Newcomers welcome to join 20th season; first rehearsal set for Sept. 8
By Jim Flint for Ashland.news
After a long pandemic hiatus, the Rogue Valley Peace Choir will launch its 20th anniversary season with a rehearsal on Thursday, Sept. 8, at First United Methodist Church of Ashland, 175 N. Main St.
Registration for the non-audition choral group will begin at 6 p.m. with rehearsal running from 6:30 to 8:30. All interested singers are welcome.
A pre-season party and potluck is set for 5 to 7 p.m. Thursday, Sept. 1, at Cotton Memorial Area in Lithia Park, across Granite Street from Lantern Hill Drive. Singers wanting to know more about the group can connect with choir members, join in singing a few tunes, and generally eat, drink and be merry.
Season membership forms will be available. Singers can meet new director Jerry Campbell and pay their annual dues.
“We have a team of people who carefully select our music,” Campbell said, “to ensure that it is musically appealing while addressing the need for peace, justice, and environmental stewardship.”
The Peace Choir returned in 2022 with an abbreviated spring season, and members look forward to the first full season since the pandemic.
Diane Garcia has been singing with the Peace Choir since day one. In fact, she started the choir when she returned to the Rogue Valley after several years living in Eugene and singing with the Eugene Peace Choir.
The pandemic was worrisome and disconnecting for Garcia.
“I missed performing and the camaraderie among the members,” she said. “I worried how COVID would affect the choir in the long run.”
But she looks forward to the 20th season.
“We have a beautiful repertoire for the coming year,” she said. “Half the songs are golden oldies, favorites from years past, and half are new. I’m excited to sing again and to reunite with fellow singers.”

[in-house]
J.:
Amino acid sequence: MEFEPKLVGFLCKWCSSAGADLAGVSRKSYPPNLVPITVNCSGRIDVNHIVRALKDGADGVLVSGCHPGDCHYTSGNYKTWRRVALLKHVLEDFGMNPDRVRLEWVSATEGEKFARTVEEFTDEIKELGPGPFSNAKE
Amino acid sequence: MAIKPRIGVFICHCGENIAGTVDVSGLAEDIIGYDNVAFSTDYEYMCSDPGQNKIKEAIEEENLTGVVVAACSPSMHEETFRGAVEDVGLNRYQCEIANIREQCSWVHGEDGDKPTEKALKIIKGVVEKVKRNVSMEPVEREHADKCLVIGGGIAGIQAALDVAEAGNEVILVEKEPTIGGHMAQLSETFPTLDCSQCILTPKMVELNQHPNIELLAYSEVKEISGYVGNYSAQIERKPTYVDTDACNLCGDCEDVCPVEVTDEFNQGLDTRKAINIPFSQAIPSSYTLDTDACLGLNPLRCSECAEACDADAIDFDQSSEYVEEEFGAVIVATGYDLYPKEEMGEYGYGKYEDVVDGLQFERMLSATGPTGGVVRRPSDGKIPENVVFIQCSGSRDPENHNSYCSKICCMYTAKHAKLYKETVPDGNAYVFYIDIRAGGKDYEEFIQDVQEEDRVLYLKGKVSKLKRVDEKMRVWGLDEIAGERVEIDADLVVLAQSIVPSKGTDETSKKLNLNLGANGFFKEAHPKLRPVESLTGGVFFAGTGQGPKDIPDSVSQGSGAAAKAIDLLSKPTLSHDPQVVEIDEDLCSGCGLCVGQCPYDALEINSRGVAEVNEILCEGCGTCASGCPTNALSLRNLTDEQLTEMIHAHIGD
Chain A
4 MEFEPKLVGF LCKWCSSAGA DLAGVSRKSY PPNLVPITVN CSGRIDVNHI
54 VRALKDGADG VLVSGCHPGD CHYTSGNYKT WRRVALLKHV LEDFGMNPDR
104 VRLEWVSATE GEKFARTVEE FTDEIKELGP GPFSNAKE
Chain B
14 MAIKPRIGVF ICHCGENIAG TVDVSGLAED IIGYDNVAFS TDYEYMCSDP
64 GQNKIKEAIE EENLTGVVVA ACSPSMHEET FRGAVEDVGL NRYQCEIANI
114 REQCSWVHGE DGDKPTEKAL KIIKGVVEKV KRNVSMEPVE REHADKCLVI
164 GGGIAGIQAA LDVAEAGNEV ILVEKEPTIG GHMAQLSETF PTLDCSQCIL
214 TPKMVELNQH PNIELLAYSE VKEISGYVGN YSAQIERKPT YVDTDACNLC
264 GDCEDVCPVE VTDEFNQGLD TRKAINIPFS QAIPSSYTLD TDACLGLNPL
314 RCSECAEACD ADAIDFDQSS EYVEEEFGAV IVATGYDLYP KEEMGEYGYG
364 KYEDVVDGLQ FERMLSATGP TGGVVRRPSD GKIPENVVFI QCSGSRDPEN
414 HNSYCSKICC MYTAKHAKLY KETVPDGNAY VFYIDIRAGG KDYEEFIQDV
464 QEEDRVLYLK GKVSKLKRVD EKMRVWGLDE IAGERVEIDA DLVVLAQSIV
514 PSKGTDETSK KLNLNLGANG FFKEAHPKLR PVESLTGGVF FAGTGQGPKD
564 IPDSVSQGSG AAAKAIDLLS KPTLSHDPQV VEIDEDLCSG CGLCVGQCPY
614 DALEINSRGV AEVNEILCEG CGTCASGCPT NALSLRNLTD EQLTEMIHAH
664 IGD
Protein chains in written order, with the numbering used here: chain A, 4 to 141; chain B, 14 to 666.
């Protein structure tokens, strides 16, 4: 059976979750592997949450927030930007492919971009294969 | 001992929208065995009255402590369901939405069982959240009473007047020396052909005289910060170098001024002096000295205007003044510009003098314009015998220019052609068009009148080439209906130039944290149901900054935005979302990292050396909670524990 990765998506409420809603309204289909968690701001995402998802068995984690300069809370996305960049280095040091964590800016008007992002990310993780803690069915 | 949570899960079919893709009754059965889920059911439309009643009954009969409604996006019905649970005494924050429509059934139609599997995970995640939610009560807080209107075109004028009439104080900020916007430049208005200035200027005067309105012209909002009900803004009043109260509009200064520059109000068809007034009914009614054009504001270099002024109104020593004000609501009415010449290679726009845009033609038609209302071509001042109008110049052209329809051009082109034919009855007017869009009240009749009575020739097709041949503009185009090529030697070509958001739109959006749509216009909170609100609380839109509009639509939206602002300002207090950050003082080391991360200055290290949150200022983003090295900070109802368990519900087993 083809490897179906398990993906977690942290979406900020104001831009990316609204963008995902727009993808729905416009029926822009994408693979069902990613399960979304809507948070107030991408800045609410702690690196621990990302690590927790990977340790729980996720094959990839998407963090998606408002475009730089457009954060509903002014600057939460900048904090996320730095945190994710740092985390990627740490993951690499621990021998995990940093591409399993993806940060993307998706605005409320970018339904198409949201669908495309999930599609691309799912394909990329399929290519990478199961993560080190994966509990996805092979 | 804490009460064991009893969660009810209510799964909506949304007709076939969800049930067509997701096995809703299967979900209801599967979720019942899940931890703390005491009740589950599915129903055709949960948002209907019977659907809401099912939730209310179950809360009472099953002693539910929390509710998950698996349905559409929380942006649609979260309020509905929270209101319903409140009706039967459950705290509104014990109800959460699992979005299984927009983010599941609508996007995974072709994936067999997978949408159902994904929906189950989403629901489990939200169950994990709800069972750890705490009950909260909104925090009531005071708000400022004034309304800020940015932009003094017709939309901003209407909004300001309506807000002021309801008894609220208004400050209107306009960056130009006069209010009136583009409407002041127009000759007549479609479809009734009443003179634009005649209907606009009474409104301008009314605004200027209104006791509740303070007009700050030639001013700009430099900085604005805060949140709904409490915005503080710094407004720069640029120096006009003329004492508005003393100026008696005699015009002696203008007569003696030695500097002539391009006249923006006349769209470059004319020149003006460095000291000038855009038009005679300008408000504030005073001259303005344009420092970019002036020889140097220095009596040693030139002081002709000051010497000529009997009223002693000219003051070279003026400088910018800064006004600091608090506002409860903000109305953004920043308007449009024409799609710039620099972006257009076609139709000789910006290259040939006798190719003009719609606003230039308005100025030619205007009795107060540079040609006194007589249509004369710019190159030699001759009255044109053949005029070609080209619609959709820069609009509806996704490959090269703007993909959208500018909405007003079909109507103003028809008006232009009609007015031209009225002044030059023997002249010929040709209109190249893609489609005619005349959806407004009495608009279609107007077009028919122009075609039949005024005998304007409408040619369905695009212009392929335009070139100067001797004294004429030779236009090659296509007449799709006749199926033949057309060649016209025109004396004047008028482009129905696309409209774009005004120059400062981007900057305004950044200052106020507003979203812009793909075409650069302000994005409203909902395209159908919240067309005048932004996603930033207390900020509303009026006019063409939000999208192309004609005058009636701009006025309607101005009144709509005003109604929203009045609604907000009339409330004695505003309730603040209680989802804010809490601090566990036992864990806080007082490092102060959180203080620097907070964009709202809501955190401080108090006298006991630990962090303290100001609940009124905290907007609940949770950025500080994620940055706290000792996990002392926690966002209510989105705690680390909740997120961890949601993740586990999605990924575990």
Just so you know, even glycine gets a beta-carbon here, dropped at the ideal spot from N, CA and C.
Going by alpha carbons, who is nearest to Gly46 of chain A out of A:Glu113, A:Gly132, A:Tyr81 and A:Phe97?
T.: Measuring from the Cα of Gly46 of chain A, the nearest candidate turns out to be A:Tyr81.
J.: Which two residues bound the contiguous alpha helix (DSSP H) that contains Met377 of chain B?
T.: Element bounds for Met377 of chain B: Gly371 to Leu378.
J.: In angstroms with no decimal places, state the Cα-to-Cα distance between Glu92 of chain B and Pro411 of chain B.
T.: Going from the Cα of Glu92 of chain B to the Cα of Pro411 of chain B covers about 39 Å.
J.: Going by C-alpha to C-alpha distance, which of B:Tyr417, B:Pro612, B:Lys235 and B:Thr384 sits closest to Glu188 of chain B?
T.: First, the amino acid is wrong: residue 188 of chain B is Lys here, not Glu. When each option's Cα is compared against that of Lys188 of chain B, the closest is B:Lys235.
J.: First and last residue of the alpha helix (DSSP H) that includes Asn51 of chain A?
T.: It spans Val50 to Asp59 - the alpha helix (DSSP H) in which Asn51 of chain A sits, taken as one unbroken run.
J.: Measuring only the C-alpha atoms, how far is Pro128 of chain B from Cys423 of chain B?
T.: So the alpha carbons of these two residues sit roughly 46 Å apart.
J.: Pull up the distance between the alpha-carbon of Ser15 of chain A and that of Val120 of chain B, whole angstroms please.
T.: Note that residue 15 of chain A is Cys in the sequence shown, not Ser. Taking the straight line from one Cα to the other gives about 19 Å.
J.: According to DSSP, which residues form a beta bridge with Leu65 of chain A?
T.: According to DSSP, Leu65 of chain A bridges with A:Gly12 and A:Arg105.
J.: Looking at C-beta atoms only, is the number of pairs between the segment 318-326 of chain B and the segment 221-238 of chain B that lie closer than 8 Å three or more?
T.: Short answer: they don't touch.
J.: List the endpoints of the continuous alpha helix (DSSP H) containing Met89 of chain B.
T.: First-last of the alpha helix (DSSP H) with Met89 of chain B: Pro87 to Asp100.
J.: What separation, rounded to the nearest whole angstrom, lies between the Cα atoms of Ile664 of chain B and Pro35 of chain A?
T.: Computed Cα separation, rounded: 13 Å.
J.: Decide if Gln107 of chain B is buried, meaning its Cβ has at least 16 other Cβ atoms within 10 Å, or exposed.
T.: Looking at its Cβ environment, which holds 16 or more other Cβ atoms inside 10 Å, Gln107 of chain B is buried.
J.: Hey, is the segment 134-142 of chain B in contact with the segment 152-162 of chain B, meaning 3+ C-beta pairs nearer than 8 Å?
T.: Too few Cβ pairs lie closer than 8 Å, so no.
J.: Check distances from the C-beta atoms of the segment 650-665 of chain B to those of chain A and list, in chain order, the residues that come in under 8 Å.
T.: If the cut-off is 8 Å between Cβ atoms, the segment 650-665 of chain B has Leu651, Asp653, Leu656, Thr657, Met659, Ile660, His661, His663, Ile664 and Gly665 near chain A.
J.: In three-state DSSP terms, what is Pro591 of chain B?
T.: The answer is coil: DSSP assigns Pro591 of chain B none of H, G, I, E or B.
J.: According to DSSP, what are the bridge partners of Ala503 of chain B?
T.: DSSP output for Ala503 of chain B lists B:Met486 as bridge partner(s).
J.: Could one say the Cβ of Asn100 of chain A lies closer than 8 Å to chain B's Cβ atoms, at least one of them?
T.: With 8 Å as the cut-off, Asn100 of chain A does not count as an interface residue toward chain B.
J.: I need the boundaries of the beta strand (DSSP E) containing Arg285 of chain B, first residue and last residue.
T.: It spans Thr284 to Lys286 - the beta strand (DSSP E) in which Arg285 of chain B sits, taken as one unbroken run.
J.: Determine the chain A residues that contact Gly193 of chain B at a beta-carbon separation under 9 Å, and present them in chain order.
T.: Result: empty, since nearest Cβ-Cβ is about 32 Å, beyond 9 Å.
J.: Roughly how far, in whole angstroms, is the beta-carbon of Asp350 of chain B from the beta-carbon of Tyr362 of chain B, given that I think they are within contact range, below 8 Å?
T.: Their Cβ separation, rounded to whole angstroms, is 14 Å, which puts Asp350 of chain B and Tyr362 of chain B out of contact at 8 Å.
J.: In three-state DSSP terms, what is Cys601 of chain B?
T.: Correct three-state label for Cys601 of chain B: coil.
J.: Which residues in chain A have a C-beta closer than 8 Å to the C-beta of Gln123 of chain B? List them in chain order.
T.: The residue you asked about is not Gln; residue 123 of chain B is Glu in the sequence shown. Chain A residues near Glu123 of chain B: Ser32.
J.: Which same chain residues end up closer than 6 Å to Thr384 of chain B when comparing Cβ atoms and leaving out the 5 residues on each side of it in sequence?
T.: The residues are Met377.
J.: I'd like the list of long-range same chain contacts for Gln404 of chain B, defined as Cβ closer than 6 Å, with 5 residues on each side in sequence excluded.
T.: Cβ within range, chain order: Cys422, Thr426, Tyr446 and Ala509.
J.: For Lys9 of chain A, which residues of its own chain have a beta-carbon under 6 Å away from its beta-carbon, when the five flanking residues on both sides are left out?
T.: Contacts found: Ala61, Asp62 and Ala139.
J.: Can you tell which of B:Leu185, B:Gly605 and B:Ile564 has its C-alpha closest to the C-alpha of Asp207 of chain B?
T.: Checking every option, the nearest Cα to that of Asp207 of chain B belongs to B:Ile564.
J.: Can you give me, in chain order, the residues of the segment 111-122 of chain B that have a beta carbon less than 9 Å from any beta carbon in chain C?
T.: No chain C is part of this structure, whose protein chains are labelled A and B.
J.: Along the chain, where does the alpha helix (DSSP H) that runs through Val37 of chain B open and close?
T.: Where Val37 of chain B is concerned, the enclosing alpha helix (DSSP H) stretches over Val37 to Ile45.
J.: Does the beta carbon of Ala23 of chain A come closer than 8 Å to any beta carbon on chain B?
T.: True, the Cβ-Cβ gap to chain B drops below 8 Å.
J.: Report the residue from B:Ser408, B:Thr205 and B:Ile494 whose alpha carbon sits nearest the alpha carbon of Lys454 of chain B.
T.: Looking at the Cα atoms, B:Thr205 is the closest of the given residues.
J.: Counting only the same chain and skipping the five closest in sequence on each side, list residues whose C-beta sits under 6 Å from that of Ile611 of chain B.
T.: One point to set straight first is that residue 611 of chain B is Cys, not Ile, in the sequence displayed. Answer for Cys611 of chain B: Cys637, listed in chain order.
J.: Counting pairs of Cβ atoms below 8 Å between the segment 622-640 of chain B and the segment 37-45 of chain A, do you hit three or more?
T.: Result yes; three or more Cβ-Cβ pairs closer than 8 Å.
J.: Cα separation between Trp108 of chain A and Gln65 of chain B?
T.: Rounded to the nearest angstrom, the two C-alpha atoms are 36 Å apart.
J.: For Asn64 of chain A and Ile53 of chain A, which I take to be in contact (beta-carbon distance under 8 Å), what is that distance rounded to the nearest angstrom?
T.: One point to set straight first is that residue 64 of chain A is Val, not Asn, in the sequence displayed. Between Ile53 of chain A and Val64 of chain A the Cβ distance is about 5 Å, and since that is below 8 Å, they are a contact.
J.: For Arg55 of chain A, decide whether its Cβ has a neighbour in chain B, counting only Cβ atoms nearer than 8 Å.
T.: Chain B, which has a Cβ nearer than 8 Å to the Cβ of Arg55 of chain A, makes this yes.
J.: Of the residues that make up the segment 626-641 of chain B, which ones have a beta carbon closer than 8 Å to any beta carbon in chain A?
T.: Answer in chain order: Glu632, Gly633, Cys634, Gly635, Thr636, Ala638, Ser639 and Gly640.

Avram Chetron, a 15-year Peace Choir veteran, shares Garcia’s enthusiasm for the new season, and urges newcomers to join.
“Just do it!” he says to those considering membership in the choir. It’s a way to support the choir’s mission, “getting our message to the public in an entertaining and enjoyable way,” he said.
Robert Q. Serrett has sung with the choir for 10 years. Joining had a nostalgic connection for him.
“I wanted to sing, like I once did with my father in the bass section of the church choir,” he said. “The pandemic shutdown was ghastly. I missed blending our voices together. I could sing on walks with Gaia, the whippet, yet it wasn’t the same.”
What gives him the most satisfaction? “Hitting the right notes most of the time.” The most memorable moment? “Singing the (Grammy-nominated song) ‘One Voice’ a cappella.”
Bob Altaras is another long-time member of the Peace Choir, a veteran of 19 years. He joined out of a love of singing and with a desire to do something to move the community towards peace.
He looks forward to rebuilding the choir to its pre-COVID size of 75-100 members.
“Going a couple years without singing with your friends was tough,” Altaras said. “When we did start back up earlier this year, we social-distanced and wore huge ‘singing masks.’ The masks muffled our voices a bit. Not having someone next to you, you missed hearing the harmonies.”
Joyce Ward has sung with the choir for 12 years.
“I love to sing,” she said, “and I wanted to put some energy toward the goals of the choir.”
She enjoys learning new music and performing well together, but some of her most memorable moments have been during joint choir concerts.
“We used to get together once a year with choirs from Portland, Eugene and Willits, California,” she said. “Each choir would perform a few songs and then we would all sing together, creating a very big sound. So much fun!”
Musical Director Campbell joined the group in December 2021 in anticipation of preparing in January for a brief spring 2022 season. A COVID surge forced the group to wait until mid-February to begin rehearsals.
“I have a lifelong passion for pursuing peace and justice, and the chance to be director of the Rogue Valley Peace Choir was very appealing,” Campbell said.
It’s a satisfying job for him.
“A sense of common purpose is created when everyone is focused on making beautiful music,” he said. All that while proclaiming the importance of the choir’s mission and goals.
The choir is a secular group that welcomes anyone who can carry a tune.
“Come to our first rehearsal and give it a try,” Campbell said. “See if you like it. Meet some new people. Find out what fun it is to be part of a music ensemble.”
For more information, visit RogueValleyPeaceChoir.org.
Reach writer Jim Flint at email@example.com.